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Breeding hops suddenly hip

Peter DarbyThe lead story in the latest issue of All About Beer magazine is titled “Hop Forward: Breeding Tomorrow’s Hops Today.” The current Brew Your Own magazine has an article on “Aroma Hop Breeding.” Earlier this year, Beer Advocate magazine put “The Future of Hops” on its cover.

And yesterday, Tony Magee at Lagunitas tweeted: “Who would u guess 2 be the most important person n US craft brewing? A brewer..? Think again. He’s a Hop grower named Jason Perrault! Word.”

Perrault is the face of Hop Breeding Company, which owns the patent on popular hop varieties such as Citra, Simcoe and the hop-to-be-named-later-currently-known-as-369.

But change is ongoing outside the United States as well (and Brian Yaeger’s story in AABM includes that). Breeders, growers, brokers who sell hops and brewers are having conversations they didn’t before. Sometimes even consumers. “As a breeder and a grower it is fun to talk to drinkers about varieties,” Perrault said last week, following with a story about sitting in a bar and hearing a customer ask the bartender if he had any beer brewed with Simcoe hops.

So meet Peter Darby, who breeds hops in England. That’s him at the top. When the hop breeding program that operated at Wye College for 100 years (1906-2006) closed the National Hop Association of England set up Wye Hops, just outside of Canterbury. There he continues the work started by E.S. Salmon, then carried on by Ray Neve (starting in 1953) and himself (1984).

Heirloom hops kept at Wye HopsWye Hops is actually located on China Farm, one of several operated by Tony Redsell, probably England’s best known hop grower.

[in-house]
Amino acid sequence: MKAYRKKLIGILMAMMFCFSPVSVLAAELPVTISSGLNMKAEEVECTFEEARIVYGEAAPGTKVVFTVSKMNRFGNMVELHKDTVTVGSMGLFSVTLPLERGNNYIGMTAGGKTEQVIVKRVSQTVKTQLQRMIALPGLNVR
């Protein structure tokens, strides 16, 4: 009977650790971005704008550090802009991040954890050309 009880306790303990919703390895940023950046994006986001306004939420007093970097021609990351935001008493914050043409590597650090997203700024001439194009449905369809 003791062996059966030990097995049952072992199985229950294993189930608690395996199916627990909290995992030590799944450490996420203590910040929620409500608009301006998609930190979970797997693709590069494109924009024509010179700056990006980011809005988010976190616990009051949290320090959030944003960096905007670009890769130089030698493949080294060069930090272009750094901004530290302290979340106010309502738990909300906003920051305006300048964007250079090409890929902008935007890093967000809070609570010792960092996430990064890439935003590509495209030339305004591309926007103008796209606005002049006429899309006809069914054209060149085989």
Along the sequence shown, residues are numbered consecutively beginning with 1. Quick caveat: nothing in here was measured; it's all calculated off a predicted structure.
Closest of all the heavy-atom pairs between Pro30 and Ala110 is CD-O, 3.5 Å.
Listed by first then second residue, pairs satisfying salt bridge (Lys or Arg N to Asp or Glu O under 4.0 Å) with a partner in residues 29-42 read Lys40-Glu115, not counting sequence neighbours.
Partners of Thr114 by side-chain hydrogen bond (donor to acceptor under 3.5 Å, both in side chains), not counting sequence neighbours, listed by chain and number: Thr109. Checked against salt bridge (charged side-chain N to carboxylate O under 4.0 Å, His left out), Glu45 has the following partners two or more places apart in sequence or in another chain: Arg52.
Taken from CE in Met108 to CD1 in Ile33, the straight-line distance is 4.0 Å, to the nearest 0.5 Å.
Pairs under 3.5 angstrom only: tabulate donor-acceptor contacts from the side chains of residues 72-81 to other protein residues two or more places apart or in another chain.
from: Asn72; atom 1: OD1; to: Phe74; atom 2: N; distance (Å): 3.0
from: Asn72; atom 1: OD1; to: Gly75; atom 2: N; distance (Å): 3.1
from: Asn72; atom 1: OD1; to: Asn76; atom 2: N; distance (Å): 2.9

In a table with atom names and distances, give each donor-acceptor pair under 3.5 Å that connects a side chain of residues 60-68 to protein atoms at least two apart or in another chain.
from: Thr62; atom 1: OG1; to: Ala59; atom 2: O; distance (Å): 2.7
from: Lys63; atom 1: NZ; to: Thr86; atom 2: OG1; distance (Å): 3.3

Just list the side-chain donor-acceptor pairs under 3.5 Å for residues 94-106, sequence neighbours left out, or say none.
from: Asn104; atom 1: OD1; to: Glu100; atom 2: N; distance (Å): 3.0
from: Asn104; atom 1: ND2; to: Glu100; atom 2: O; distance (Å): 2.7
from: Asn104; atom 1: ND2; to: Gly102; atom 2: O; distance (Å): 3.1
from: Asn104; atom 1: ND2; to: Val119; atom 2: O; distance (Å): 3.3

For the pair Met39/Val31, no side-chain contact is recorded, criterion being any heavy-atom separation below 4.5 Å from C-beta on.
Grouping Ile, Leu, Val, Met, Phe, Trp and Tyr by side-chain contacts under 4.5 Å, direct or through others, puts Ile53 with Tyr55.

Thus shortly before harvest began in August both hops in the Wye “library” (some listed on the right) and those being trialed were surrounded by hops that soon would be ready for beer.

On one side of the path a field full of Northdown hops — with Northdown Hill in the distance, as a matter of fact — and on the other a test field with hundreds of crosses, maybe even the next “great hop.”

“On this side consistency,” Darby said, gesturing with his left hand. “On the other diversity.”

He was talking about genetic diversity, but he still sounded a lot like a modern day brewer to me.

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3 Responses to Breeding hops suddenly hip

  1. Peter H September 27, 2011 at 3:40 pm #

    Can you explain what 1790 Old Golding means?

  2. Stan Hieronymus September 28, 2011 at 5:26 am #

    The Golding was first raised by Mr. Golding, of Malling (in Kent), about 1790, “and in the course of a few years it was widely grown in all the best districts” (English Hops, 1919).

    The Oeperinge Collection is kept in more than one location (and more than one form) but most of the varieties were moved from Wye College to China Farm and are in the ground there. They grow up the hill a bit from the trialing area.

  3. Peter H September 28, 2011 at 11:20 am #

    Then that’s a cool list.

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